Summary: August 30, 2001: Statement by H.E. Jean De Ruyt on behalf of the European Union. The Situation in the Democratic Republic of the Congo (New York)
Allow me to speak on behalf of the European Union.
The countries of Central and Eastern Europe associated with the European Union (Bulgaria, the Czech Republic, Estonia, Hungary, Latvia, Lithuania, Poland, Romania, Slovakia, Slovenia) and the associated countries of Cyprus, Malta and Turkey align themselves with this statement.
Although the cease-fire has held for several months in the Democratic Republic of the Congo (DRC), developments on the ground have been partly disappointing since our July debate. There is, however, a glimmer of hope to be seen in the implementation of the Lusaka agreements: the success of the preparatory meeting on the inter-Congolese dialogue recently held in Gaborone.
The European Union (EU) would highlight once again the importance of the inter-Congolese dialogue, which provides a real key to re-establishment of the rule of law, democracy and national sovereignty in the Congo. The fact that the meeting was attended by President Joseph Kabila, political movements and representatives of civil society shows the Congolese people's resolve to take charge of their own future and work together for the establishment of a new political order. The success of the meeting also reflects on preparatory efforts by the facilitator, Sir Ketumile Masire, and his team. We hope the spirit of Gaborone will give impetus to the peace process.
Admittedly, Gaborone is only a first step. It is important that this now be followed up in practice and that the dialogue proper, which will start on 15 October in Addis Ababa, go hand in hand and stimulate other aspects of the Lusaka agreements, and be entered into as soon as possible. The parties have displayed a constructive frame of mind. They need to maintain it and show political courage and creativity if this historic opportunity for national reconciliation is to be taken. The international community must stand by the Congolese people throughout the process. The European Union and its Member States have already contributed to facilitation work and are prepared to continue their support.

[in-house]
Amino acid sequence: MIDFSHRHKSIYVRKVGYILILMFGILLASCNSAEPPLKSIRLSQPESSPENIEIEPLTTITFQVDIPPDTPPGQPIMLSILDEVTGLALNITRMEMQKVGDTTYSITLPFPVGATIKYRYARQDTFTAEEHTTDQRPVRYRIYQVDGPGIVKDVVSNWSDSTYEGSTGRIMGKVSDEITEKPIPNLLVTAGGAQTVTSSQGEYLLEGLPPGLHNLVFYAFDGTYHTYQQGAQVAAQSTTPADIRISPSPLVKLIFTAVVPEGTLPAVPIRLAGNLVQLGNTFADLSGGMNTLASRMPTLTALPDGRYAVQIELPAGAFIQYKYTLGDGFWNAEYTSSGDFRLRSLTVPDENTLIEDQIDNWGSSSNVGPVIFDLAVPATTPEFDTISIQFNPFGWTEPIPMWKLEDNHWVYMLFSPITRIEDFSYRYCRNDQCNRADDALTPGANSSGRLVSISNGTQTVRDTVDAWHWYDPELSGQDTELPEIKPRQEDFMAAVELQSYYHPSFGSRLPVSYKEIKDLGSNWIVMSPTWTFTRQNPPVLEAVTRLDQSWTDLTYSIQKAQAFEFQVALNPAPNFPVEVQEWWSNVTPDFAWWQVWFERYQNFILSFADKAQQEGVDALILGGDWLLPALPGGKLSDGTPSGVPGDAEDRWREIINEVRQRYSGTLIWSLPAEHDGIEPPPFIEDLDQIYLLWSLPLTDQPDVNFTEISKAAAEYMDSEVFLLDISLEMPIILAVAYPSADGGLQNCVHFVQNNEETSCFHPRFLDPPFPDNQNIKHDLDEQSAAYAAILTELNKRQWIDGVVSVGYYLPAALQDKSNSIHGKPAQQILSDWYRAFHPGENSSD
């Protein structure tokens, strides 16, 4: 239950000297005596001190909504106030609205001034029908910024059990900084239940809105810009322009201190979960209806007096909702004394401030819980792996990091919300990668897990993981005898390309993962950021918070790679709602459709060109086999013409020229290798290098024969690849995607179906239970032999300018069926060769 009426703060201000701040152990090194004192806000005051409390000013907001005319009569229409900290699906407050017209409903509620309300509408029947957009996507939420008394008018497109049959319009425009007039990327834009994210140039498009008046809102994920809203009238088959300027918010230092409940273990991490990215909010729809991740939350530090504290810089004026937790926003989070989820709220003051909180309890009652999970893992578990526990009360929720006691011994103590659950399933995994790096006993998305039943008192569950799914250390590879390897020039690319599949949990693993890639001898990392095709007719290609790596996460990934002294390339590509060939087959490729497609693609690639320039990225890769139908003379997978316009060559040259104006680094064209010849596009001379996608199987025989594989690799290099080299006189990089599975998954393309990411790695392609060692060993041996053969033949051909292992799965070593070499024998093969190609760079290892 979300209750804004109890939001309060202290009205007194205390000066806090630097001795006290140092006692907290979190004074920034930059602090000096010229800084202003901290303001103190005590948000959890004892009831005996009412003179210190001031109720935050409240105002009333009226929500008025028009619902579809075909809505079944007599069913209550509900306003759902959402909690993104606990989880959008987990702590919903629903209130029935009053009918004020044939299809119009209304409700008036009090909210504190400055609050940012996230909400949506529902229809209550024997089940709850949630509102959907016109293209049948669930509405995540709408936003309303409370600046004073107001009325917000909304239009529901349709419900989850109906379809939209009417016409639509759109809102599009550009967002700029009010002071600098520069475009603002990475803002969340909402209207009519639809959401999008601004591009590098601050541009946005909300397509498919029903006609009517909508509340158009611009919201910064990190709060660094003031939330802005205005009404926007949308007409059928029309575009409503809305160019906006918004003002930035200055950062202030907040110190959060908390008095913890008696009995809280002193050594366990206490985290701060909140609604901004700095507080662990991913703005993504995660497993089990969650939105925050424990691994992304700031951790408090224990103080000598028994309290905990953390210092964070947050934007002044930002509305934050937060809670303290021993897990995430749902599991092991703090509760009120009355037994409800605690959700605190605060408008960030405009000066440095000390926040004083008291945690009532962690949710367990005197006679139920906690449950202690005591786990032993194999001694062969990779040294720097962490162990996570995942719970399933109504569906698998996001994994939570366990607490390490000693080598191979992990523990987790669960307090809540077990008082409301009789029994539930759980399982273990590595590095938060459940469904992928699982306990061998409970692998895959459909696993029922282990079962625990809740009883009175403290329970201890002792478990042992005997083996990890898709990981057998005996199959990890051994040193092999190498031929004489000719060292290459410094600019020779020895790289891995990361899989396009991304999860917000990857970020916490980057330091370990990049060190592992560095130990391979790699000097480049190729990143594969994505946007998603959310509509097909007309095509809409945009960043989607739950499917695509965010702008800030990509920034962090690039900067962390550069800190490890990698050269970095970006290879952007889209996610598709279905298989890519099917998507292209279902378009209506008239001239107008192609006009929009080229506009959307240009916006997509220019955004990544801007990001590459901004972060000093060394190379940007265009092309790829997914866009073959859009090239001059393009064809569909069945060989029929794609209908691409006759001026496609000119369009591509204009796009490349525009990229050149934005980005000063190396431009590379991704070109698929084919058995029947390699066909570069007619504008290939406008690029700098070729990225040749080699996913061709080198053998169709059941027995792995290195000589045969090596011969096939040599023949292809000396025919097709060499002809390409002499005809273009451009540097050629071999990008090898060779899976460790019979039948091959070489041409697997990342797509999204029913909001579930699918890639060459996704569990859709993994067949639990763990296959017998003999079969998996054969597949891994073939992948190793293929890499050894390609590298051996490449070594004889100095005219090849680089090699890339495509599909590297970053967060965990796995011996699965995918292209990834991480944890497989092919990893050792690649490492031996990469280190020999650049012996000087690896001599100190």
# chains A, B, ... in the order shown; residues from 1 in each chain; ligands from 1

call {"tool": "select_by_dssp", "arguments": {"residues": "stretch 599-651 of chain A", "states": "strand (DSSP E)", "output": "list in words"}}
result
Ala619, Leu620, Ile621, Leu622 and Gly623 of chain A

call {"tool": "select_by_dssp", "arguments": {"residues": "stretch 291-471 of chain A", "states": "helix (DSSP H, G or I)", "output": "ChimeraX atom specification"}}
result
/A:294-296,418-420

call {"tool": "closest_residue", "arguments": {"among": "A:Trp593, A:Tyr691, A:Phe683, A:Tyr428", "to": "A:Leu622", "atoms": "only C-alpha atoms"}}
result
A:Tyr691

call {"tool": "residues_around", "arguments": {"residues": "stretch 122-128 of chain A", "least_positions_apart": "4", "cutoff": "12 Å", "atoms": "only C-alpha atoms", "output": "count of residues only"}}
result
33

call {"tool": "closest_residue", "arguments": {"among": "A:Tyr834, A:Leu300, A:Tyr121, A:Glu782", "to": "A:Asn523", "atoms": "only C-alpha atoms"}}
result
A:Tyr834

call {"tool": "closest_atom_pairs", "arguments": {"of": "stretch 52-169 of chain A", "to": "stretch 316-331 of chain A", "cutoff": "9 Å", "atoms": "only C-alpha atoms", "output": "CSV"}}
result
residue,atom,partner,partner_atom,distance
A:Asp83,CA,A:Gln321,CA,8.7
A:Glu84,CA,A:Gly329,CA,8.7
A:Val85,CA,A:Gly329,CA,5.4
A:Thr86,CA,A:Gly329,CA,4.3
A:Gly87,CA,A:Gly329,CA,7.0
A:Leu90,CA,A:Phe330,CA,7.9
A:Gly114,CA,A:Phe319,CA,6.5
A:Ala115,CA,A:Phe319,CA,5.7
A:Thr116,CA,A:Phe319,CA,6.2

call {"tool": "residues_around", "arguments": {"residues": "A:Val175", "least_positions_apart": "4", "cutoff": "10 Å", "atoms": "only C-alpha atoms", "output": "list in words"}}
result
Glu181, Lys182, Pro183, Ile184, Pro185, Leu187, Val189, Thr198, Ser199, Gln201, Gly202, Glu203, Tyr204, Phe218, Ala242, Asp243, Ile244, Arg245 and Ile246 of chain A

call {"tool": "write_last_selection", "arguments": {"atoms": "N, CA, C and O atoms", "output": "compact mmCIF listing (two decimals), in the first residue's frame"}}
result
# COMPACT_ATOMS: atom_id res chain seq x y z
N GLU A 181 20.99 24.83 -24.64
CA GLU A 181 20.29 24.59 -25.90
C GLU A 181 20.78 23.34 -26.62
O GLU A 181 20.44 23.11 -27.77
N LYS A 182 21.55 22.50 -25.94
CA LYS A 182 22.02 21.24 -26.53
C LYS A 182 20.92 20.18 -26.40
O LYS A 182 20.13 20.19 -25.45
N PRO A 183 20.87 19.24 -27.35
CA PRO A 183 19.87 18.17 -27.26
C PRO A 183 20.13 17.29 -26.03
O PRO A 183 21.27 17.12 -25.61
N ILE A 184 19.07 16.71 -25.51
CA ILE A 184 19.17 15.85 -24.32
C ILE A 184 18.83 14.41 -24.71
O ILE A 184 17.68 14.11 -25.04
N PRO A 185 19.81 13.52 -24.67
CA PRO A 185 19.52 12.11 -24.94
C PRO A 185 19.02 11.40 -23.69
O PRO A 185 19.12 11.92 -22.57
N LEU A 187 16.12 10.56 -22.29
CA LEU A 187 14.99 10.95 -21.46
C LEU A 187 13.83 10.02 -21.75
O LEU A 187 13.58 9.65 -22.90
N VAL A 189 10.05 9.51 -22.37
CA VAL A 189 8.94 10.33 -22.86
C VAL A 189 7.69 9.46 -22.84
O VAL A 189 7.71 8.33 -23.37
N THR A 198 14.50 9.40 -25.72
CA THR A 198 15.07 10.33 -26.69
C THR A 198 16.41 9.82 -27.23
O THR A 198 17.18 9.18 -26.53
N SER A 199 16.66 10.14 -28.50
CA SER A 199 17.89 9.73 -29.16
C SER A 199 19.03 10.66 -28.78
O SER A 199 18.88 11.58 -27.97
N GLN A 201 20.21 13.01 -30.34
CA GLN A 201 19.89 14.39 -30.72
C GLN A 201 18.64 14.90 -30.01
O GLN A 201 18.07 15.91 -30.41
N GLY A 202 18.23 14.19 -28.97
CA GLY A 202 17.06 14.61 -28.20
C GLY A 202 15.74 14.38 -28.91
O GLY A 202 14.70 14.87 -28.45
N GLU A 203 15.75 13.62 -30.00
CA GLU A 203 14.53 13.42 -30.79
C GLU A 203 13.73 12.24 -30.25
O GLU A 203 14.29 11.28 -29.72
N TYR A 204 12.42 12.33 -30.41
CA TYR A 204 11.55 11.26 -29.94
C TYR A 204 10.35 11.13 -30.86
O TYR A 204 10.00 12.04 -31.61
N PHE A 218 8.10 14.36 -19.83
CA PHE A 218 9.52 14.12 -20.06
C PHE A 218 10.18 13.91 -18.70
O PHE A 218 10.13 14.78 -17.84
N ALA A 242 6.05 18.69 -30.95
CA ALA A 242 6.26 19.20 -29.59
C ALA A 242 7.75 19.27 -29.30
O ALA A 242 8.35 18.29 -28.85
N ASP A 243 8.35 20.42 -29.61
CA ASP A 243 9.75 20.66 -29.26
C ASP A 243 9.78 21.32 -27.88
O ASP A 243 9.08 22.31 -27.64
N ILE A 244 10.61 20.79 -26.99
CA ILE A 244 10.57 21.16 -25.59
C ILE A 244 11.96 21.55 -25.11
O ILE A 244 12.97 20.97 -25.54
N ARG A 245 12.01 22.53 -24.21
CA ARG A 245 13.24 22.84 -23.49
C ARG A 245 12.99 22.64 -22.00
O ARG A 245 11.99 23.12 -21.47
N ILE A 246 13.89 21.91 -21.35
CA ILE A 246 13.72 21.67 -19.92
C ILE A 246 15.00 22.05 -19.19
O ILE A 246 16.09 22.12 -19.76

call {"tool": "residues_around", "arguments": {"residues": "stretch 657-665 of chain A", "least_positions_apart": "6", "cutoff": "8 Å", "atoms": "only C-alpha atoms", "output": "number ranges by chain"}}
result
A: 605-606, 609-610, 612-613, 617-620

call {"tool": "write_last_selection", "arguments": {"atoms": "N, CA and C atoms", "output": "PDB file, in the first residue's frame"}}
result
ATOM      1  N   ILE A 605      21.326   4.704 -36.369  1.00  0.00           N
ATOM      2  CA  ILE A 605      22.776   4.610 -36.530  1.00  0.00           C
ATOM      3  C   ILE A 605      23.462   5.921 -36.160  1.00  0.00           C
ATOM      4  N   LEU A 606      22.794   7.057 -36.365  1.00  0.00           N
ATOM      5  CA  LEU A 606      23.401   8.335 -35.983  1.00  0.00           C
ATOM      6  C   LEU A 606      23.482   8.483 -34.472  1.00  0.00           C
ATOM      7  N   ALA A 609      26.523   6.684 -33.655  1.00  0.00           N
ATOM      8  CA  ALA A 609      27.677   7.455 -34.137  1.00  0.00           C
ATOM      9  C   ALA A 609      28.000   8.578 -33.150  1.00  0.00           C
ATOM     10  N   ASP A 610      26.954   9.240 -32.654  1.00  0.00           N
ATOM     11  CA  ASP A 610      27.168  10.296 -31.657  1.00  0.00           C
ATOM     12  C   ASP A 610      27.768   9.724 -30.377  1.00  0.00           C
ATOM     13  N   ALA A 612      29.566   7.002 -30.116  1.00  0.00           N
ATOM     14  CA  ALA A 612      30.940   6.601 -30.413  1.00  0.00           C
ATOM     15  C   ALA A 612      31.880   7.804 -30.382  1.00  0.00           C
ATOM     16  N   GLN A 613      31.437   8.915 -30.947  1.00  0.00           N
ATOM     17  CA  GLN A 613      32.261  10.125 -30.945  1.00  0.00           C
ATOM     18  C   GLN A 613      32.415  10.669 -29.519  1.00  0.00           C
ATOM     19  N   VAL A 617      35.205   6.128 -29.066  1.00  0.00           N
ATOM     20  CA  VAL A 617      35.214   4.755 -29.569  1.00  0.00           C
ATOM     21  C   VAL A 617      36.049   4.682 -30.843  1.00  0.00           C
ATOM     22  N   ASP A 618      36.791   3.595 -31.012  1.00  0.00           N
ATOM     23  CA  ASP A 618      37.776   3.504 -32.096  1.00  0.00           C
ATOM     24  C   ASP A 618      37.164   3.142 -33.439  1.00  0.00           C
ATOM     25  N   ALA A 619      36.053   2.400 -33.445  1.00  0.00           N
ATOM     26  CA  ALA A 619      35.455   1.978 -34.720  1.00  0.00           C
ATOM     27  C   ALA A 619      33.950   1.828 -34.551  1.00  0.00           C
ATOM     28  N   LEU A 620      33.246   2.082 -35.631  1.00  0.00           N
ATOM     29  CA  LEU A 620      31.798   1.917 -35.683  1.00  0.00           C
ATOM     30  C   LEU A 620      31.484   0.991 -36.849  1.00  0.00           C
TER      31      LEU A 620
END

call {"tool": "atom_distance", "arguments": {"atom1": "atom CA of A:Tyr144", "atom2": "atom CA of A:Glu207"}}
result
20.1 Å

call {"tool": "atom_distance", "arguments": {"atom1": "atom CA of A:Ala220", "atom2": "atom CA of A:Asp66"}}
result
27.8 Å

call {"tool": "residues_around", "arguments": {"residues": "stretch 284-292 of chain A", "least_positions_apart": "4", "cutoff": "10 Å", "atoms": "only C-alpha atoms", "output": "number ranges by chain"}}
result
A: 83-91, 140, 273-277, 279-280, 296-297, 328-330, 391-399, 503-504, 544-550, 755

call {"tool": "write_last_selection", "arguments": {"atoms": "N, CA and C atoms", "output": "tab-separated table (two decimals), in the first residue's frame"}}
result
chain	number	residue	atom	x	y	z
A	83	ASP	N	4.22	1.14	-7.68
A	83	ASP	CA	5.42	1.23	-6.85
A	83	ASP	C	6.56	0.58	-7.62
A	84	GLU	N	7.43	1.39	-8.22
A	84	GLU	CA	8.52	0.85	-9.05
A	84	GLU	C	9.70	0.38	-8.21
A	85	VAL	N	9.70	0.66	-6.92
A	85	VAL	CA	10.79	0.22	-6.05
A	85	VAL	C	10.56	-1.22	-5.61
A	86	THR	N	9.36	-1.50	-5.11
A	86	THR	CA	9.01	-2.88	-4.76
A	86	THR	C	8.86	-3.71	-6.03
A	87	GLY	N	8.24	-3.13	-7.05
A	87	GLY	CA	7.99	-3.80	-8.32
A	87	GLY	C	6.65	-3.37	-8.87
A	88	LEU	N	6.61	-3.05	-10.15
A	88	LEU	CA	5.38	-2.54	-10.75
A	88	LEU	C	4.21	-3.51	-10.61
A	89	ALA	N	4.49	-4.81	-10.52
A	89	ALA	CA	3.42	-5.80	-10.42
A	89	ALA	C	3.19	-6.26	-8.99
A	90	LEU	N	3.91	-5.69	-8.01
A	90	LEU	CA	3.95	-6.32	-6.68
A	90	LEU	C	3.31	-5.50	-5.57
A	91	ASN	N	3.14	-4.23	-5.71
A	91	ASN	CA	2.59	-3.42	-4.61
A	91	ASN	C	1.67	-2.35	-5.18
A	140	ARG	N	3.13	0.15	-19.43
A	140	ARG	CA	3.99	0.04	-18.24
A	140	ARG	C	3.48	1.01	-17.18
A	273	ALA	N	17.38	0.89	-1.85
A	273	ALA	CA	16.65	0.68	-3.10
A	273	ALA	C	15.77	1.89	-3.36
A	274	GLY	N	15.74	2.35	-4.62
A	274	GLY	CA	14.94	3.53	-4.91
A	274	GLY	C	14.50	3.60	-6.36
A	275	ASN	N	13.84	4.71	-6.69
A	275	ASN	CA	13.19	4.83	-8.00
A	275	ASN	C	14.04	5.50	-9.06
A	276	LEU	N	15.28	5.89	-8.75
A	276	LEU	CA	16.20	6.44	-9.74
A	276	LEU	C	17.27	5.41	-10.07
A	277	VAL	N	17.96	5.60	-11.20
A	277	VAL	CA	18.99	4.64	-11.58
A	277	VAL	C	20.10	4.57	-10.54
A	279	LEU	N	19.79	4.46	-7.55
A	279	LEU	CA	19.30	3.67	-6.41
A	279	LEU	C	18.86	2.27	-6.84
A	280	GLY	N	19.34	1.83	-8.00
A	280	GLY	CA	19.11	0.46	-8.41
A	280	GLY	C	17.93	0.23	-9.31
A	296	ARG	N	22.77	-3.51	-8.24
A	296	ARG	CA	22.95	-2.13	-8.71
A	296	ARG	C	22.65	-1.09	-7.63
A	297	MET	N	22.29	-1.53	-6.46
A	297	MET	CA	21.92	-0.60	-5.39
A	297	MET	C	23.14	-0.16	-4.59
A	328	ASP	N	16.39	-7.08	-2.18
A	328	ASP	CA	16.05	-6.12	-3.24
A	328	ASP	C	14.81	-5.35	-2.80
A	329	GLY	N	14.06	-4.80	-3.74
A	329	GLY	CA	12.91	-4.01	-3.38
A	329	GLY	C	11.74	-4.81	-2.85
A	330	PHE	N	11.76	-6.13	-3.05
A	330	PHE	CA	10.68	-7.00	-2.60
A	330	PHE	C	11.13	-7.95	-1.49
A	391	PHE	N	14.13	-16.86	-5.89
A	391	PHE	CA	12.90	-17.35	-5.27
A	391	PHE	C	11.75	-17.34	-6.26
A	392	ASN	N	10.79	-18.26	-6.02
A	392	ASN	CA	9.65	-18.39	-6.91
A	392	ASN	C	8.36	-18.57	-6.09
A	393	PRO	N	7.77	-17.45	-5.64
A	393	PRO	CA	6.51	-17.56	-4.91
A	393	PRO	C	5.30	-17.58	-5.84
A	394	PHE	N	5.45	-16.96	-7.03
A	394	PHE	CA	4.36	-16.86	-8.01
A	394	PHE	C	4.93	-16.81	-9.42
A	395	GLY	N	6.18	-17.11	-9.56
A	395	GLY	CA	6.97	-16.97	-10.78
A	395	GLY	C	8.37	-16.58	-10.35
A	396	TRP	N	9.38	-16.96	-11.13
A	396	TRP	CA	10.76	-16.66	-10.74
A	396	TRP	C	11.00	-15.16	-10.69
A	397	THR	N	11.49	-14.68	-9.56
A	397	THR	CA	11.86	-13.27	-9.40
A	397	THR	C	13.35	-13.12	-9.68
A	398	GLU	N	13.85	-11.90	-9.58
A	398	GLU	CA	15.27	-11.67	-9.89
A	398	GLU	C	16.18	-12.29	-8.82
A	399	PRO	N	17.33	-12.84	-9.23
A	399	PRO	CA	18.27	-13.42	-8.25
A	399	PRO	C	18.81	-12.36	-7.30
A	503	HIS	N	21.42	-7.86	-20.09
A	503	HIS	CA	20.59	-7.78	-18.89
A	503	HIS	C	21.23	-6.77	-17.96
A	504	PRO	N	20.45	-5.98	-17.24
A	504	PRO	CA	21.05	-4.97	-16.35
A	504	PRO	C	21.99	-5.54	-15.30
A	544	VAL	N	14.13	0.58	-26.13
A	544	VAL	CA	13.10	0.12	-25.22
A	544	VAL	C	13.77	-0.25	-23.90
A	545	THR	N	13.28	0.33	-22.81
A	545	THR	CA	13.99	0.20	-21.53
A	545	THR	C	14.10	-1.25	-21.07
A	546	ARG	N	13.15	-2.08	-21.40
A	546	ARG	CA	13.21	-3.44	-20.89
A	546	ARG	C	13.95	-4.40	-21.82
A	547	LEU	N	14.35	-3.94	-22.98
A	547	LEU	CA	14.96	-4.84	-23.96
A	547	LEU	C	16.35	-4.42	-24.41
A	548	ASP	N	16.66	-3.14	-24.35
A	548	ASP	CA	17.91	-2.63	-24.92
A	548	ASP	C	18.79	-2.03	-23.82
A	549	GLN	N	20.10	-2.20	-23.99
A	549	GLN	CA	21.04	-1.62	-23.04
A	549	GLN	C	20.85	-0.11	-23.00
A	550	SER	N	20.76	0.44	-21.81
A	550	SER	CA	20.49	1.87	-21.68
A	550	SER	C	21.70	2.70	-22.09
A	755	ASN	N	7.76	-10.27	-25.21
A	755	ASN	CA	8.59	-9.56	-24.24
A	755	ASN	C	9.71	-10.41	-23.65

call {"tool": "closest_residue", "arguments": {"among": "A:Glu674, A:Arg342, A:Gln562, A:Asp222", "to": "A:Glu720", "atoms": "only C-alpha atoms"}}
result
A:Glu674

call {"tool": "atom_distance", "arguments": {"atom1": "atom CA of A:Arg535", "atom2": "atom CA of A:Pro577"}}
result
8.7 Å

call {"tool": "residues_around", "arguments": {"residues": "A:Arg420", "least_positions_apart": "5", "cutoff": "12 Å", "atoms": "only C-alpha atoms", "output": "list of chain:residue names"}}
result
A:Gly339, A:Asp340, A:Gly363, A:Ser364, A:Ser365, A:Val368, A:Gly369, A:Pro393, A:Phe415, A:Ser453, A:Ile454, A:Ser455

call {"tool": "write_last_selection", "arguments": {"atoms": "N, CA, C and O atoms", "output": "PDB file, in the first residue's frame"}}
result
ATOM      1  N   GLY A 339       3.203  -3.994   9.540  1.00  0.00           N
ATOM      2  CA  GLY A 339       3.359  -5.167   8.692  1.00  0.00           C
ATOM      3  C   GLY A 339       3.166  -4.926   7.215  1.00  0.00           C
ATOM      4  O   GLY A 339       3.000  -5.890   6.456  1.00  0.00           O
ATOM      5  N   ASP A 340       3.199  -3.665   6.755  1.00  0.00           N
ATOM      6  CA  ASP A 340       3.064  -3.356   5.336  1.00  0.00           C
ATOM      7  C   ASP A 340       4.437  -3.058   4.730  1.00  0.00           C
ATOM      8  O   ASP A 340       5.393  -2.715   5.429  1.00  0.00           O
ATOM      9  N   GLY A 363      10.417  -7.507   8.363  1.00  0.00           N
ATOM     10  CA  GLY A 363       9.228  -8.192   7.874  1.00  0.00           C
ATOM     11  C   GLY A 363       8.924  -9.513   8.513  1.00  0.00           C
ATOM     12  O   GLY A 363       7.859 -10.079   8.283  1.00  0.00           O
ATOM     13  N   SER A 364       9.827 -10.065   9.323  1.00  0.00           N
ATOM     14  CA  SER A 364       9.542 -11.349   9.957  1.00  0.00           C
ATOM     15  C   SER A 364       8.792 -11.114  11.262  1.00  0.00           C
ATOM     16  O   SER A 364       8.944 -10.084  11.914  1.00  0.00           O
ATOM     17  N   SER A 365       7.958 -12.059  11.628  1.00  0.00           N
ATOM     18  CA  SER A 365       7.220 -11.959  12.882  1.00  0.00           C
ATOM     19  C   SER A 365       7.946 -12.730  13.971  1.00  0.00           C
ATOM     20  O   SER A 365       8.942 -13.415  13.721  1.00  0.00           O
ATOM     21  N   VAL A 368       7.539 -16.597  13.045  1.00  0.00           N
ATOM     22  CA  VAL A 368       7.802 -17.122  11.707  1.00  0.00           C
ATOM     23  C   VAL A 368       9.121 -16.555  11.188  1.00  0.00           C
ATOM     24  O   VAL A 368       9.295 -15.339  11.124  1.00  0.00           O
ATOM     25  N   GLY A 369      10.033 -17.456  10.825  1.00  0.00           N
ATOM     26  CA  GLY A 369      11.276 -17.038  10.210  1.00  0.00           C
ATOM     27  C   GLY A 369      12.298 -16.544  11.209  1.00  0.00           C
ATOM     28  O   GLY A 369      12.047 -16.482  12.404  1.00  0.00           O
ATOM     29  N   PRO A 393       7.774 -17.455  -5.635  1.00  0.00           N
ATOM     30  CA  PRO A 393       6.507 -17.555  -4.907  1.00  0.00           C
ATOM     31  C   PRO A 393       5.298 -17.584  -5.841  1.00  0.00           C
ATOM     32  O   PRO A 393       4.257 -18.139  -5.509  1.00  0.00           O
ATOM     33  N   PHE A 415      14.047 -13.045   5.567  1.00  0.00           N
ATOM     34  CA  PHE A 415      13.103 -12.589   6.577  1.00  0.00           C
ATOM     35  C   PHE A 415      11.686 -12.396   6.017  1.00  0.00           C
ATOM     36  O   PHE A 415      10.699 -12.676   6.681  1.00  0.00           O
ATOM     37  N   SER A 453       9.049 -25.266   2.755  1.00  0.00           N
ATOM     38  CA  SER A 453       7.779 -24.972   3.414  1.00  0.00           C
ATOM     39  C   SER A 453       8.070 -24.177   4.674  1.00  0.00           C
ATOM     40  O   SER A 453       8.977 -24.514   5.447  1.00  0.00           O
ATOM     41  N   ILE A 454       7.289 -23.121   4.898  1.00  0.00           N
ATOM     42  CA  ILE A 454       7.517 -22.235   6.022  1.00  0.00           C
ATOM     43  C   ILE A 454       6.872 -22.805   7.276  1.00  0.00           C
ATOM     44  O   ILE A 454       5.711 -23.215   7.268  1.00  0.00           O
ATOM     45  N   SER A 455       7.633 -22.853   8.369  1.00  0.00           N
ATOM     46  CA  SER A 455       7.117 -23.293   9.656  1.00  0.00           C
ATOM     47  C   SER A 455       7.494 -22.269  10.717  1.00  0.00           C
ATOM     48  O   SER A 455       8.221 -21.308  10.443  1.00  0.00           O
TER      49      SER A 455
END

We do not have any similar progress to welcome on Disarmament, Demobilization, Reintegration, Repatriation or Resettlement (DDRRR). While the exercise is indeed complex, it remains one of the foundation stones for resolving the conflict in the DRC. The European Union is convinced that a solution to this delicate problem would be within reach if a sincere, courageous dialogue between the DRC and Rwanda were built up. In spite of some direct contacts between President Kabila and President Kagame, we have the impression that an atmosphere of mistrust continues to prevail between the two countries. We would ask the Secretary-General, on his visit, to call upon President Kabila and President Kagame to step up dialogue and seek mutually acceptable solutions. In the meantime it is of the utmost importance that negative forces should not receive any material or logistic support.
It is equally important for the overall settlement of the Congolese issue that President Kabila and President Buyoya discuss the remaining presence of the Burundi rebels in the DRC.